Managing “Cabin Fever” and the Lack of “Control”

Okay, so you may not be in a cabin right now, but more likely than not you’re practicing some form of self-quarantine following the surge that COVID-19 has brought on.


As the days go on, you may find yourself feeling a little stir-crazy due to the perception of limitations. However, that’s exactly what it is, a perception.


Let’s break down what “Cabin Fever” really is. According to the Oxford Dictionary, cabin fever is, “irritability, listlessness, and similar symptoms resulting from long confinement or isolation indoors during the winter.”

But let’s face it, John Snow, winter is not coming and you do not have to feel as if you are “stuck” in confinement.


The first element is managing the anxiety that is bringing forth this claustrophobic-type feeling, which may be dealing with the uncertainty of this life event. The best way to do that is by getting comfortable with being uncomfortable.


Let me say that again….


Get comfortable with being uncomfortable.


If we utilize our energy to try and figure out when this period of isolation is going to end, then we may slip into the cabin fever symptoms of restlessness and hopelessness even further.


However, if you practice getting comfortable with not knowing what the next day may bring, then you are allowing for the element of surrender to take over.


A few helpful tips to experience acceptance and surrender may be:


Use a meditation app

Meditation is scientifically proven to help reduce stress. In the time of working to keep our bodies healthy, managing stress levels will counteract the release of cortisol, which is an inflammation-promoting chemical called cytokines. So not only is it a great practice to aid in keeping your body healthy, but it will also help center and ground you.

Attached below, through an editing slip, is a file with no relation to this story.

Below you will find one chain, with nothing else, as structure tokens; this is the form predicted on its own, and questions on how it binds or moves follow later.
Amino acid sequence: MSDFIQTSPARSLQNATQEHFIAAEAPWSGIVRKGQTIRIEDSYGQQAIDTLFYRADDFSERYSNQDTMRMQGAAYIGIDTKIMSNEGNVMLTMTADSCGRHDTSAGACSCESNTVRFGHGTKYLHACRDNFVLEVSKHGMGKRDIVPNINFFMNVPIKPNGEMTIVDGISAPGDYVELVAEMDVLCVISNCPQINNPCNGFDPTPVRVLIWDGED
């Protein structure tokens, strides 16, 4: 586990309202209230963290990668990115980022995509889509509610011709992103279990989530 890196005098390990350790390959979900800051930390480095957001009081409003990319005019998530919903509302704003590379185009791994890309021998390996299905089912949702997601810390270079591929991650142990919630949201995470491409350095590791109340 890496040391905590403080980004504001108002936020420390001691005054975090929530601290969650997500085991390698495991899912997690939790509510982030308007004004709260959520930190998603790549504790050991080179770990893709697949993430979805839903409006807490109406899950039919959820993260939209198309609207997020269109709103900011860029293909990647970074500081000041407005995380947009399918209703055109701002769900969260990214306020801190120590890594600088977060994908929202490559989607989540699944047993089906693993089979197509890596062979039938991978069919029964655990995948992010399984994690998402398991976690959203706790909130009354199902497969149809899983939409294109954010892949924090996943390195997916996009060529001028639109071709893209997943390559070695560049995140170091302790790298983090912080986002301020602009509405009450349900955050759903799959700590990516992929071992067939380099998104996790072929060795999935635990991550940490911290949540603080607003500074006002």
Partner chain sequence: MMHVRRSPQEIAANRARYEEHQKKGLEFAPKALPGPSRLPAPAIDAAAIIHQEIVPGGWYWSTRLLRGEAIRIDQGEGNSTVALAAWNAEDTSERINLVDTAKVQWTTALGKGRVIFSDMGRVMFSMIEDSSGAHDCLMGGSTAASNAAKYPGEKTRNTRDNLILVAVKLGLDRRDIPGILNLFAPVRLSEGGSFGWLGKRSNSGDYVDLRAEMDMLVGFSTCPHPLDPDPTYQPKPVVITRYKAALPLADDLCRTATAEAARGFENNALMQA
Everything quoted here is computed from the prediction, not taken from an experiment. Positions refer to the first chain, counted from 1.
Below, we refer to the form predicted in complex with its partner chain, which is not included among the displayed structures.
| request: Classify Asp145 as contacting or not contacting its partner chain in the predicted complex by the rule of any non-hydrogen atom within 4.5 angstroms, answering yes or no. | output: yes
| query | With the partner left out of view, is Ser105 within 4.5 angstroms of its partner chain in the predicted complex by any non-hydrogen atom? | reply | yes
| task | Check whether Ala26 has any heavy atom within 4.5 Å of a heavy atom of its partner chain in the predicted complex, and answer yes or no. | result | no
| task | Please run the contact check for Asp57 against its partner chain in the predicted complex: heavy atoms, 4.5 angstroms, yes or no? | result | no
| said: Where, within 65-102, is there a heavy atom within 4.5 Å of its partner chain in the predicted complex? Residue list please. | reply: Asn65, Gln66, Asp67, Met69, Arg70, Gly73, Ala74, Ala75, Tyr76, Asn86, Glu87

Release the anxiety

When fear and anxiety come together, they can send our minds into a state of panic. While the threat of danger is not something to dismiss at this time, it’s important to not hold that anxiety in. Work to form a healthy relationship with it in that you are acknowledging the fear and inviting it to be seen and not ignored. Once you understand the alert that it is trying to bring you, the next step is to find a healthy way to release it. To some, that may look like journaling, and to others, it can be in the form of singing or dancing. Finding your own way of letting loose is half the fun!



Reframe this as an opportunity to do new things

While it is appropriate to grieve for the things that we’re not able to do, it is important to make room for the things we can do. Perhaps you haven’t sat down in a long time for a full breakfast meal in the exchange for your hot coffee-to-go to accommodate your busy schedule. Well, take this “slow down” period as an opportunity to make yourself that 5-course meal.


You may be in the house with loved ones, take the opportunity to spend some quality time with them. Getting creative to think of house projects can allow for bonding time and the ability to strengthen your relationship.


Be Kind to your Mind

Now is not the time to punish yourself for sleeping in late or eating that extra snack. While I encourage you to keep some sense of routine, it’s important to allow flexibility into your schedule to allow for these new thoughts and feelings to be seen. Having patience with yourself as you find this “new norm” and allowing for the ability to get adapted is the best way to get through this unforeseen time.


You can face this time of anxiety and discomfort by changing your relationship to change. Once you accept that change is an essential part of life, then the desire to control it won’t be as prevalent. Believe in your power to navigate through these challenges and allow the confidence to impact your reaction to the outcome.


Watch my segment about how to manage cabin fever on this episode of Soflo Health:






Be kind to the mind,

Dr. Claudia Caprio

@bekindtothemind



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